Excel Macro Troubleshooting Tips
Troubleshoot a simple Excel macro, if an error message appears. Use the Debug button to find and fix a small problem in the code. How to fix the problem in the F8 key stops working while stepping through a macro. What to do if the Project Explorer list is missing
Error Message Debug Button
Occasionally, when you try to run a macro, an error message will
appear, such as the "Run-Time Error '9': Subscript Out of
Range" error shown below.
On this error message, there are 3 buttons available -- End, Debug
- To stop the macro, click the End button.
- To get information about the error, click Help. In this case,
you would end up on page on the Microsoft website, with a list of
possible causes and solutions for the Subscript
Out of Range error.
- To go to the VBE and try to solve the problem, click the Debug
Debug the Macro
In this example, a macro was recorded, to go to a sheet named "Main",
then select cell C3 on that sheet. When the macro is run, the above
error message appears.
Here is the VBA code, for the GoToMainSheet macro:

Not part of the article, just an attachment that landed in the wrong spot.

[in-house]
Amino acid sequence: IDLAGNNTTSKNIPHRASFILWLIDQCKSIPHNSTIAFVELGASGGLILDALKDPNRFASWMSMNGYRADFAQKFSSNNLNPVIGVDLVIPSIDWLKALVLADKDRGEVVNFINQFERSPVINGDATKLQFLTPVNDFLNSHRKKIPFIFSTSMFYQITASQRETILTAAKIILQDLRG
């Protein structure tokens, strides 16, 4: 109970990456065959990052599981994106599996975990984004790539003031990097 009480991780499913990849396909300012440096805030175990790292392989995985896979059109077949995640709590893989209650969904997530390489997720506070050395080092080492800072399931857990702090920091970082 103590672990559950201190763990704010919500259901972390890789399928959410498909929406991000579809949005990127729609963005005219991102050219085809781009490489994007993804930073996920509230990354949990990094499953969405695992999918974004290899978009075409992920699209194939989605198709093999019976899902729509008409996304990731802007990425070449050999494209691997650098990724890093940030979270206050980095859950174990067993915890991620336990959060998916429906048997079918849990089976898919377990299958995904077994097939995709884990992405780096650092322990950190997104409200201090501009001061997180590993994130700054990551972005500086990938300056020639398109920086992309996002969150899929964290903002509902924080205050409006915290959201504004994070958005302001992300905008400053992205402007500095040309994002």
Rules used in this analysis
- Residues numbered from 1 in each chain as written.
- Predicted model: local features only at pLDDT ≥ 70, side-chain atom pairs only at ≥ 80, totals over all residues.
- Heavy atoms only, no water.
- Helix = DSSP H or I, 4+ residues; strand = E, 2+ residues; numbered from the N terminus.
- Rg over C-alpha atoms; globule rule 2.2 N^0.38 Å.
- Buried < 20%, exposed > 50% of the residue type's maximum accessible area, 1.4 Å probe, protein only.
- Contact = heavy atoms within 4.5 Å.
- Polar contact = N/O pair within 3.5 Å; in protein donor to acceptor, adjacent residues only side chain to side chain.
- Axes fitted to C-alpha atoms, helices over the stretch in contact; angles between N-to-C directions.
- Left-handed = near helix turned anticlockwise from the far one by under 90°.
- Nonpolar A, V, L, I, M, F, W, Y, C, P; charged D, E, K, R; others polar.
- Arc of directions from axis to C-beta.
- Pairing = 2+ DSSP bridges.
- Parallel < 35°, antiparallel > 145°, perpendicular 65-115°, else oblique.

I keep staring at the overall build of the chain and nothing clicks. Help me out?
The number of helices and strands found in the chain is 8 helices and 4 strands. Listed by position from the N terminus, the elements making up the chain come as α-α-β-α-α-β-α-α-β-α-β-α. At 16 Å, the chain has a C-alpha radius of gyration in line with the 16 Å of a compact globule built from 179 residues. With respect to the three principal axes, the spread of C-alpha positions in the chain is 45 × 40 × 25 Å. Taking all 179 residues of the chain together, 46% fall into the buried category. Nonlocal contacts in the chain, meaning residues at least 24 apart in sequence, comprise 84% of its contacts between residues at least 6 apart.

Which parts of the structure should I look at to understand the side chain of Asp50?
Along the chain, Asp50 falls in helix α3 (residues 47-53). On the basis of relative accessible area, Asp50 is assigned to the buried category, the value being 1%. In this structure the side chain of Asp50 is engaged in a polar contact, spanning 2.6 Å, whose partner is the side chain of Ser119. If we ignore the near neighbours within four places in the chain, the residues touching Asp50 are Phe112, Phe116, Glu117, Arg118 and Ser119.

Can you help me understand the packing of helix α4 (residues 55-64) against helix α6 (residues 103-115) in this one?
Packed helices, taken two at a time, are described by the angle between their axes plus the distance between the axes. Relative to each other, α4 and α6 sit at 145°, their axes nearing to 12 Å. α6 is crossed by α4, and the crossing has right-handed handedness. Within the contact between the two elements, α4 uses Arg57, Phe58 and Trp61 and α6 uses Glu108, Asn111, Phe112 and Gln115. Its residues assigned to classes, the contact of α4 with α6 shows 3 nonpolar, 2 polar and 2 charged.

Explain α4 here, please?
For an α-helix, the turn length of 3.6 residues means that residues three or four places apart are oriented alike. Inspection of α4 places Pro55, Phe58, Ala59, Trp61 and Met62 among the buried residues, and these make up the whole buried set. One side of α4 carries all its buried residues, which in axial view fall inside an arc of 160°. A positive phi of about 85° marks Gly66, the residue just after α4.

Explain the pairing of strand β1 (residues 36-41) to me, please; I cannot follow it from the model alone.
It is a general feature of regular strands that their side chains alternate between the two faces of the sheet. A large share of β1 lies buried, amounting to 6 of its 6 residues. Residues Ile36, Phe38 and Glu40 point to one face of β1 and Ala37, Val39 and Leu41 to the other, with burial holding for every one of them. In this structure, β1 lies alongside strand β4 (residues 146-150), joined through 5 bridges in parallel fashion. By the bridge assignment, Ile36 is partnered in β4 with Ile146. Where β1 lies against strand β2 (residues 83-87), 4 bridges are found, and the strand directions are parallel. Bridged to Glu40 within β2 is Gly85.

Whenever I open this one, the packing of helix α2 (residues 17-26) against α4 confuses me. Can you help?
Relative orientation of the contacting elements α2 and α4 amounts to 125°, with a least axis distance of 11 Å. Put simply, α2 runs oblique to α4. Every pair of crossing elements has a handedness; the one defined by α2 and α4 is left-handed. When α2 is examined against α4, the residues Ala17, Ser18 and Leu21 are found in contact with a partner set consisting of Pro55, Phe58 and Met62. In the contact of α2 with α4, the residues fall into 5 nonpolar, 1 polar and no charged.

' GoToMainSheet Macro
We'll use the Debug button, to troubleshoot the problem:
- In the error message, click the Debug button
- The VBE opens, showing the GoToMain Sheet macro, and a line of
code is highlighted in yellow, with a yellow arrow n the margin
at the left.
- Excel showed the error message, because it can't complete the
highlighted line of code.
- Look in the Project Explorer window, and check the list of sheets
for the active workbook.
- There are 3 sheets, named "Intro", "Sheet2"
and "Sheet3" -- there isn't a sheet named "Main"
We'll stop the debugger, and fix the code.
- On the VBE Toolbar, click the Reset button
The code stops running, and the yellow highlighting disappears.
Fix the Code
Next, you'll edit the code, to change the sheet name.
Solution 1: Not Recommended
- In the line of code, you could replace "Main" with "Intro",
which is the current name of the first sheet in the workbook.
- However, with that solution, the code could show an error again,